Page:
Further, "reconciliation" is what God has accomplished in Jesus Christ between us and our fellow man. Through Christ our enmity for other men can be completely done away with. It doesn't matter what your background is, gangs, fight-clubs, or just a quiet angry heart that holds grudges against people for the slightest unintentional offense. This is what we see in the church. Consider what Paul wrote about in Ephesians 3:6. Through Jesus Christ, Gentiles are made, "fellow heirs, members of the same body, and partakers of the promise in Christ Jesus through the gospel." Enemies made to be sons along with Jews and their unity in the local church is a visible display of God's glory.
This "reconciliation" between men and women is small though compared to the reconciliation we can have with God through Christ. We were all enemies of God, but through Jesus Christ, if we are turning from our sin and believing in Jesus, we can be reconciled to God by the death of His Son. This is how we can be saved by Jesus! (Rom. 5:10) It's based on the reconciliation we have with God through Christ that we can be reconciled with others. Jesus even commands this of us if we would worship Yahweh properly in Matthew 5:23-26:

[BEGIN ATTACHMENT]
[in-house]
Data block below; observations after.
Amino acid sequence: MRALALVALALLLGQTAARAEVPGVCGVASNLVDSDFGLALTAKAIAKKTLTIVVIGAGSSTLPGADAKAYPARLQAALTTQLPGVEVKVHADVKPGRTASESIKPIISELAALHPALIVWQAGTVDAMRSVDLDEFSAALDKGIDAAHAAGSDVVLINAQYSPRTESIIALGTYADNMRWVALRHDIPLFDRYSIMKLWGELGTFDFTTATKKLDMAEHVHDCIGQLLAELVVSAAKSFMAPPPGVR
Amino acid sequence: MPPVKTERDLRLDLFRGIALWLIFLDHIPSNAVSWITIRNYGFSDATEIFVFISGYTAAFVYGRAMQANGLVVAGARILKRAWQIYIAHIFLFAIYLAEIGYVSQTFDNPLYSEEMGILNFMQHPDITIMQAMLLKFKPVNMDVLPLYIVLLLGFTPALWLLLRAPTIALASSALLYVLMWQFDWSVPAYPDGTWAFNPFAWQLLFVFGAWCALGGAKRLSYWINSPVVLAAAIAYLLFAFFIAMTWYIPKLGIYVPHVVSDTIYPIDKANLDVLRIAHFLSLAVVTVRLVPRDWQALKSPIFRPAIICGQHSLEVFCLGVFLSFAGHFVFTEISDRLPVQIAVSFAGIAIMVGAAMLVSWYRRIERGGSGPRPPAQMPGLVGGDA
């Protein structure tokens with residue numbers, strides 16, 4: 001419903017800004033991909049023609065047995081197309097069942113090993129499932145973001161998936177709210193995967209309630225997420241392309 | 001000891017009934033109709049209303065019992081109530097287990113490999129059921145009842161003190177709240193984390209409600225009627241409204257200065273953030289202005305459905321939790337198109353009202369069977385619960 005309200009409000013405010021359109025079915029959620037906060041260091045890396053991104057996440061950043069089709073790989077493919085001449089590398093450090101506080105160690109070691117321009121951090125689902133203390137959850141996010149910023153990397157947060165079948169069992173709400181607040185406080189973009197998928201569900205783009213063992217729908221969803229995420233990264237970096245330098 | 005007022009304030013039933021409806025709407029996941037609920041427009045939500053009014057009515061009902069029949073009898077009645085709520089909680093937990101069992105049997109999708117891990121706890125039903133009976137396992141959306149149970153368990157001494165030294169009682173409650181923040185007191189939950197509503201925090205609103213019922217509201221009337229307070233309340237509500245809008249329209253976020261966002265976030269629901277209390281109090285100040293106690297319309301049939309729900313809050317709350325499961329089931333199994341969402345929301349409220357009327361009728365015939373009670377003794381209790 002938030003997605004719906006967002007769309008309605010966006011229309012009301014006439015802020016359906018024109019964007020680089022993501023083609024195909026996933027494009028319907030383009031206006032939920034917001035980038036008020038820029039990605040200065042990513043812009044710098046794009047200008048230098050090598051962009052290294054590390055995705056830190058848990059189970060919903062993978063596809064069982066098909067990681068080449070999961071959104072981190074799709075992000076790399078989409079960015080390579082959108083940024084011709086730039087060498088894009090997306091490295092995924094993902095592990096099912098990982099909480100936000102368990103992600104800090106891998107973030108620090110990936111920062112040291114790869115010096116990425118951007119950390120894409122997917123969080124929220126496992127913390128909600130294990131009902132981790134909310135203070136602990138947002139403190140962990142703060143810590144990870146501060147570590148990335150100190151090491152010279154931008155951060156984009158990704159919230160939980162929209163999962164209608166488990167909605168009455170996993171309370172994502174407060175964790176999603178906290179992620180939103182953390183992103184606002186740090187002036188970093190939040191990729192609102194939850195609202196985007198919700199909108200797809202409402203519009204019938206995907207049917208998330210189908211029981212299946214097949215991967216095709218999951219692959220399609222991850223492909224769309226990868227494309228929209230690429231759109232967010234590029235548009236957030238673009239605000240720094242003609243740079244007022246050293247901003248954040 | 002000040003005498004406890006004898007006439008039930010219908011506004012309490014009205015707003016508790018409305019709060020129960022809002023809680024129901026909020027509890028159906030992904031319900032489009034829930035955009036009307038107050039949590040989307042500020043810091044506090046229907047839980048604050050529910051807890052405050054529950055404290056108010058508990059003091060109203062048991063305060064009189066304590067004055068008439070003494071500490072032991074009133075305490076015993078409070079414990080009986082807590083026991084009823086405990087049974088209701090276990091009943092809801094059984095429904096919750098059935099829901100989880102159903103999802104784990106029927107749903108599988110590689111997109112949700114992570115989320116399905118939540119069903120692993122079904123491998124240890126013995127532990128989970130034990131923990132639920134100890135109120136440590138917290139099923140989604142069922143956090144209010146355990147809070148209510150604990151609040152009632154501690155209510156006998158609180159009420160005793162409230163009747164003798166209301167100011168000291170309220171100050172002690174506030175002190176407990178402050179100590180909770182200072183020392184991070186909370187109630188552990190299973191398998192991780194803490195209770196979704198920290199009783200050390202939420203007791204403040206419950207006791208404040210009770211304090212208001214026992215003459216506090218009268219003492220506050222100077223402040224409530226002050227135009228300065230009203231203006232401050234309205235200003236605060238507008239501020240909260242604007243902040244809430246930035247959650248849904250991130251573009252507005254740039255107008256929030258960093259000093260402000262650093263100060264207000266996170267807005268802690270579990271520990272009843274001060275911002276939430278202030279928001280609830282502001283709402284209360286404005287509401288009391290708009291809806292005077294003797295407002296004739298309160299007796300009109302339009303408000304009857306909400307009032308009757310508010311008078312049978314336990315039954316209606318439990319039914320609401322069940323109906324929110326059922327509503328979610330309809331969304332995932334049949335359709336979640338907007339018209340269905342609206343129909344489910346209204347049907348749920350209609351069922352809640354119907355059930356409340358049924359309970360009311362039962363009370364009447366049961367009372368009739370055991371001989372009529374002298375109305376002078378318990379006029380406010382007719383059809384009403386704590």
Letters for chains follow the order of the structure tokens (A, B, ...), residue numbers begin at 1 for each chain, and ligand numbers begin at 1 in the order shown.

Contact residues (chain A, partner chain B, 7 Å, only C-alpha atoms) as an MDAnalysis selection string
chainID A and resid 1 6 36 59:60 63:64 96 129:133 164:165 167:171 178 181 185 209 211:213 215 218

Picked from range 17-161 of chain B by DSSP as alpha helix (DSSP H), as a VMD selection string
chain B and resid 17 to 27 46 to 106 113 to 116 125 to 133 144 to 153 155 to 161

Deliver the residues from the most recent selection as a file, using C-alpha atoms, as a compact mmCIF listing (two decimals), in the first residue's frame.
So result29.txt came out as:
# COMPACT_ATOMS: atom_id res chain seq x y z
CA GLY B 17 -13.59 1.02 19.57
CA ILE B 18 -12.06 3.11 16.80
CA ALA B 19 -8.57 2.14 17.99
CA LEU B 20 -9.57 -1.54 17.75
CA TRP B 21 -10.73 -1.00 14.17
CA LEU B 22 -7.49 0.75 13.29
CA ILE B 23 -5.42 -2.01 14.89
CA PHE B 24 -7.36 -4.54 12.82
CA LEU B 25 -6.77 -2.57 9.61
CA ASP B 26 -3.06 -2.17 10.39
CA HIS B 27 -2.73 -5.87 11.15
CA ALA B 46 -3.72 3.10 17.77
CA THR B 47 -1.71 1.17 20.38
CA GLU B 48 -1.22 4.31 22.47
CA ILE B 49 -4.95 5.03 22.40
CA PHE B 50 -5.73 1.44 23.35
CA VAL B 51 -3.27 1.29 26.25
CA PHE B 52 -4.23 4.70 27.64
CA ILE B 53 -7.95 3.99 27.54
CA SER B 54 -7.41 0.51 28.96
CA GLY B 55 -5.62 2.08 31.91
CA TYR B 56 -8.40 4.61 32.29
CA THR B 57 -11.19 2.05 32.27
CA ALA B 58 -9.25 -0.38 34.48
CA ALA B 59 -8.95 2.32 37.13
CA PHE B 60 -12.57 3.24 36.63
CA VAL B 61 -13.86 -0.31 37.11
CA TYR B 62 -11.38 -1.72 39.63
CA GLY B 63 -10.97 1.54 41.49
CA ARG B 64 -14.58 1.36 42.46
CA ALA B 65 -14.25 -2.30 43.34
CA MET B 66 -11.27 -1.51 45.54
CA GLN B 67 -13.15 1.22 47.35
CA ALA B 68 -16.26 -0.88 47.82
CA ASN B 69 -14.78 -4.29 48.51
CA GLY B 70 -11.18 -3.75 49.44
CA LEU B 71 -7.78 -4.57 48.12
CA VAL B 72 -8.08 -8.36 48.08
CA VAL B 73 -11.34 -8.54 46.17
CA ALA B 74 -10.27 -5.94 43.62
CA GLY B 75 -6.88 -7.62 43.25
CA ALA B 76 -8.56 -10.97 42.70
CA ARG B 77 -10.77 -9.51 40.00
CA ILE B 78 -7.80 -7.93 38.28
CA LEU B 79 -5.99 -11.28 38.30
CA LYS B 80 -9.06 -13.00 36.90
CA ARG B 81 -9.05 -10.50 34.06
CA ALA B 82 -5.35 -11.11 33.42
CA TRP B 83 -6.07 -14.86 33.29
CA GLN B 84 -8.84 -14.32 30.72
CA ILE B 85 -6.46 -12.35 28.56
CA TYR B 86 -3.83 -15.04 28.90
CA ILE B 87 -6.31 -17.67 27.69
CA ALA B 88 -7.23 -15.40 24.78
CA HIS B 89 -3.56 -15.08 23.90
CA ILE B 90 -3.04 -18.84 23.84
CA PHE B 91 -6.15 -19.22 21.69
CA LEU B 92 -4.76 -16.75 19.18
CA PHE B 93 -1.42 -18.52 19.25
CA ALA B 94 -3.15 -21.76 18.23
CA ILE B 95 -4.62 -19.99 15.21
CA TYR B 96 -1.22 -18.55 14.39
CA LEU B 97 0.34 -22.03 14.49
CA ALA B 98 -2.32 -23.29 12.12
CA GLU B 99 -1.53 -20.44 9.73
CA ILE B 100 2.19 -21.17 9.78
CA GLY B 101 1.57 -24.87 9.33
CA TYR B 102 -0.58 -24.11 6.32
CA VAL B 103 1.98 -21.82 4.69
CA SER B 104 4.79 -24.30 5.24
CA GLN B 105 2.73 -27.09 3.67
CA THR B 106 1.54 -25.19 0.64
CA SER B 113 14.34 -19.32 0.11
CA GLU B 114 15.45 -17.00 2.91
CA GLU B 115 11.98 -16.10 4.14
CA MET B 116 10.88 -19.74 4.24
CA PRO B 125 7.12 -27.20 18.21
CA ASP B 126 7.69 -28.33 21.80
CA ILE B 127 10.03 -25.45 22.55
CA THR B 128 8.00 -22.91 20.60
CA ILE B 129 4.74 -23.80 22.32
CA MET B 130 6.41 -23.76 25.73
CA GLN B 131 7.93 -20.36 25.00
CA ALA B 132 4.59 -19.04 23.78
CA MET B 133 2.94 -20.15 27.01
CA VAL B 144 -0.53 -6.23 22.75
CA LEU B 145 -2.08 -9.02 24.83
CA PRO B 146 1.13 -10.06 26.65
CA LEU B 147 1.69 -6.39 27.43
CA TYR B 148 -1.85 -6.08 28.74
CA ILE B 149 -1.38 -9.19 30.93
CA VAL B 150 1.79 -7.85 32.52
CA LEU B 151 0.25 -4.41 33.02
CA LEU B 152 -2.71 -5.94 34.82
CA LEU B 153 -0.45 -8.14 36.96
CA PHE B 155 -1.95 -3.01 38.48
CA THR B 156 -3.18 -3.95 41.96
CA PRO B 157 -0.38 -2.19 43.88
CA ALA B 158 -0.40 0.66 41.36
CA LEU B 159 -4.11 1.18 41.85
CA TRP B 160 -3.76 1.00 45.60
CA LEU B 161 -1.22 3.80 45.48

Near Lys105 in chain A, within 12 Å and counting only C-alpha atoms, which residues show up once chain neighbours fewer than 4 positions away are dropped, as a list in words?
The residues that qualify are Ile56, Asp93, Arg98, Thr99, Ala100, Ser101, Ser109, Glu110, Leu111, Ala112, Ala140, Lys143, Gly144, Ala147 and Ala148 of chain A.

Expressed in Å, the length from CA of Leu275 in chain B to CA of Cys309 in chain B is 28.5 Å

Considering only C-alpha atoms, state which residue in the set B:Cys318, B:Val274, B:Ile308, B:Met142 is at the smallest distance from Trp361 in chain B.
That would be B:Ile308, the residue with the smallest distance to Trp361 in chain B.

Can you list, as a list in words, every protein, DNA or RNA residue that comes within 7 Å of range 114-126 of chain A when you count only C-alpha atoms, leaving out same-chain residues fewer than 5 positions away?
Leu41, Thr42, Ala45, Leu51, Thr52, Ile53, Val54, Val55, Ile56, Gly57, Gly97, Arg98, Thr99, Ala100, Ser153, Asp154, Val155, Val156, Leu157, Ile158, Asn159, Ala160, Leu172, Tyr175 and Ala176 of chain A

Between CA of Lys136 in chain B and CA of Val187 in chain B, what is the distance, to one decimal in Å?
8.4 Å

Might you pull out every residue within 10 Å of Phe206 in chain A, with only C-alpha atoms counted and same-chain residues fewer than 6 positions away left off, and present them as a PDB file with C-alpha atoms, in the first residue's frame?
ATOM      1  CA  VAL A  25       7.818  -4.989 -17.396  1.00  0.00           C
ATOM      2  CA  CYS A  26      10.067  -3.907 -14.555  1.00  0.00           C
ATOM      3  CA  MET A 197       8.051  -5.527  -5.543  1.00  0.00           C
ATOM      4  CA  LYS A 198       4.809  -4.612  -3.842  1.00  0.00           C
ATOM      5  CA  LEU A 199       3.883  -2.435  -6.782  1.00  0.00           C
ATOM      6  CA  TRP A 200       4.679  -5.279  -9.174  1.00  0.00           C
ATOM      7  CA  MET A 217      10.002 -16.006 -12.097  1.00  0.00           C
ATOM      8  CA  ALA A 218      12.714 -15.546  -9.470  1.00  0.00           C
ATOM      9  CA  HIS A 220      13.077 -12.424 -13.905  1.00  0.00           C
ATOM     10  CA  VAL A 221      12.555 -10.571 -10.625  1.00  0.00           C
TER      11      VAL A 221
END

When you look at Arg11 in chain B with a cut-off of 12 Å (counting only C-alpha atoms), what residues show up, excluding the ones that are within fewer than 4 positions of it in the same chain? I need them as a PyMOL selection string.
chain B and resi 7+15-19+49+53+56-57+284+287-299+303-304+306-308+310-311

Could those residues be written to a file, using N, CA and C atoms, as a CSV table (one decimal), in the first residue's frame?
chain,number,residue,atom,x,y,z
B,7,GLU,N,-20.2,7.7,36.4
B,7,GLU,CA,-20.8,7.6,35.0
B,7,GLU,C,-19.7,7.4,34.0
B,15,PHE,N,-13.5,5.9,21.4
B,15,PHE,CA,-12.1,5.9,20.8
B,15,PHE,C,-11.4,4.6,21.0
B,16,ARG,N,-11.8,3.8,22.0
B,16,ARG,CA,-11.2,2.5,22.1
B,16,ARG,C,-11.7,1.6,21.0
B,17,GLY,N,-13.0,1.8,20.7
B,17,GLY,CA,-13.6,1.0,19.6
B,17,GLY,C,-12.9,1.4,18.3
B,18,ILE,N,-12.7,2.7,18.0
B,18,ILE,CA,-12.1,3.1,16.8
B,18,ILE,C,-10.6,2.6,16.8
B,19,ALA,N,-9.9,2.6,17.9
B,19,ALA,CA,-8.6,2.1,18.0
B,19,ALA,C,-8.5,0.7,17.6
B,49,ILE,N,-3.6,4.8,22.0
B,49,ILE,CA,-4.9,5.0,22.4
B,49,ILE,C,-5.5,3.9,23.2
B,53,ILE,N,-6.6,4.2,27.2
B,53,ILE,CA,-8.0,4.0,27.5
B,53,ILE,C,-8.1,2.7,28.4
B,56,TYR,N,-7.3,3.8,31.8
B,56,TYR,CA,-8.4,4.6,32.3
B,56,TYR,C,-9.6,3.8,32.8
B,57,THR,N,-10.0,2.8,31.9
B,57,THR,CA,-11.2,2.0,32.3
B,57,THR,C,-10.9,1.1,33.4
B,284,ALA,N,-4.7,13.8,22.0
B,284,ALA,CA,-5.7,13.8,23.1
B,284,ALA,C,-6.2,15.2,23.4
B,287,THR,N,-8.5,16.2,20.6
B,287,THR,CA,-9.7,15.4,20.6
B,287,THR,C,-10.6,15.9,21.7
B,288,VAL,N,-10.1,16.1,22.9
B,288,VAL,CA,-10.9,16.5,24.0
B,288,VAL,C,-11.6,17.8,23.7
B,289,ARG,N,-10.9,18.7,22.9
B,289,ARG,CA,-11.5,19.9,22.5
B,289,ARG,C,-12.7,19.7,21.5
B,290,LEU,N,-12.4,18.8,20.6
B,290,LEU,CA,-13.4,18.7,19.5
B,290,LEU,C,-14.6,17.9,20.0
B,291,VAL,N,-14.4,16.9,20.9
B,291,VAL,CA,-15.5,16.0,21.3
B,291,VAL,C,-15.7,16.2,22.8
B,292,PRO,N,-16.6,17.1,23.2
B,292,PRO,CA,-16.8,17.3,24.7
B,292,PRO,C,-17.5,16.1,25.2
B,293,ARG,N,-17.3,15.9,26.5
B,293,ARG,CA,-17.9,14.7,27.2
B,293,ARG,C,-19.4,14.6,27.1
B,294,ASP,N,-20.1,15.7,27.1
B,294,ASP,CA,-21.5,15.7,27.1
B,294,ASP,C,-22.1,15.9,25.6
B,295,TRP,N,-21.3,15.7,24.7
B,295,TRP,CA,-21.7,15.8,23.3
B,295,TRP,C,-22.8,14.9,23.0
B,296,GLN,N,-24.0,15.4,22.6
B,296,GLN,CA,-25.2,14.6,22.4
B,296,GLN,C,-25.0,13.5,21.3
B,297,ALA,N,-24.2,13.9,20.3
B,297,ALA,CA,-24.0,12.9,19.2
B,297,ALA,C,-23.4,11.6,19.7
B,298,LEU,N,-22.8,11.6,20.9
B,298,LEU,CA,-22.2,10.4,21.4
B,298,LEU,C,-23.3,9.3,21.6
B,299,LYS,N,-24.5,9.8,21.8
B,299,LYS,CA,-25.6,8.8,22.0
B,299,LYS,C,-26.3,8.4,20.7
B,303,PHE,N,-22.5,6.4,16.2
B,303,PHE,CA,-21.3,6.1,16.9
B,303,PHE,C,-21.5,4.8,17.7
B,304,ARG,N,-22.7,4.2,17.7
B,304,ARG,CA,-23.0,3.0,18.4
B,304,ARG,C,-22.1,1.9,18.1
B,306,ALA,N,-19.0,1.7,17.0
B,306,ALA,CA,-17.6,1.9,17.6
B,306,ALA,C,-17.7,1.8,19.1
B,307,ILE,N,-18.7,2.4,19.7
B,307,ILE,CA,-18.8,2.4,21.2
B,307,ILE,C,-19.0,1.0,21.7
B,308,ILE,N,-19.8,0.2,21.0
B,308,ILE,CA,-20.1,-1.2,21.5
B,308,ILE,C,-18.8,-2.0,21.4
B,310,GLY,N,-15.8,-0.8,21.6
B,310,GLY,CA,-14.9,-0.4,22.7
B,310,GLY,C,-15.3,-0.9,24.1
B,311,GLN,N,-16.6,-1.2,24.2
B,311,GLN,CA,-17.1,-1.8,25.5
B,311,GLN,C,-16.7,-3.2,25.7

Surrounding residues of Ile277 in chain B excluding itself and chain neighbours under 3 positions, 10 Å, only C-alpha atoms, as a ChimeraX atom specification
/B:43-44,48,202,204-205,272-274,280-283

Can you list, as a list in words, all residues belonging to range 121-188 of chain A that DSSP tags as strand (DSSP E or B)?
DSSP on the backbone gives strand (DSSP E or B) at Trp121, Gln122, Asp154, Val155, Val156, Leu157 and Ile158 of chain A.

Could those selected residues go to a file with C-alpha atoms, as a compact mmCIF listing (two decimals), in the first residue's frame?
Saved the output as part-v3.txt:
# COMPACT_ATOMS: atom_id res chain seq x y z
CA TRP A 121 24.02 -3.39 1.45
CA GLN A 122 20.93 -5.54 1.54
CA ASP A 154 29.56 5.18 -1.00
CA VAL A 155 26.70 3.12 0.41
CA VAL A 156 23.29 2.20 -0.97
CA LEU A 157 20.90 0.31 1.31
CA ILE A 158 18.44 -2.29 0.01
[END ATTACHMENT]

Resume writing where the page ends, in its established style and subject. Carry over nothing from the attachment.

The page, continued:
"23 So if you are offering your gift at the altar and there remember that your brother has something against you, 24 leave your gift there before the altar and go. First be reconciled to your brother, and then come and offer your gift. 25 Come to terms quickly with your accuser while you are going with him to court, lest your accuser hand you over to the judge, and the judge to the guard, and you be put in prison. 26 Truly, I say to you, you will never get out until you have paid the last penny."Further, if we are in Christ, we have now been entrusted with a ministry of reconciliation to share the good news of Christ with others! (2 Cor. 5:18, 20) Reconciling others to God through Christ!
Jacob's reconciliation with Esau is a glimpse of God's trustworthiness and the power of the gospel! Immediately, in the context of Genesis though, we see that God is a promise-keeper. He is keeping His promise to Jacob that it is on his family that the covenant of God continues to rest, that Yahweh will bring a Messiah through Jacob. The hostility he had with His brother has not removed God's promise to sustain his lineage, and here we see a miracle, and a confirmation of God's trustworthiness to fulfill His promises. God continues to work in this family by His grace and for His glory!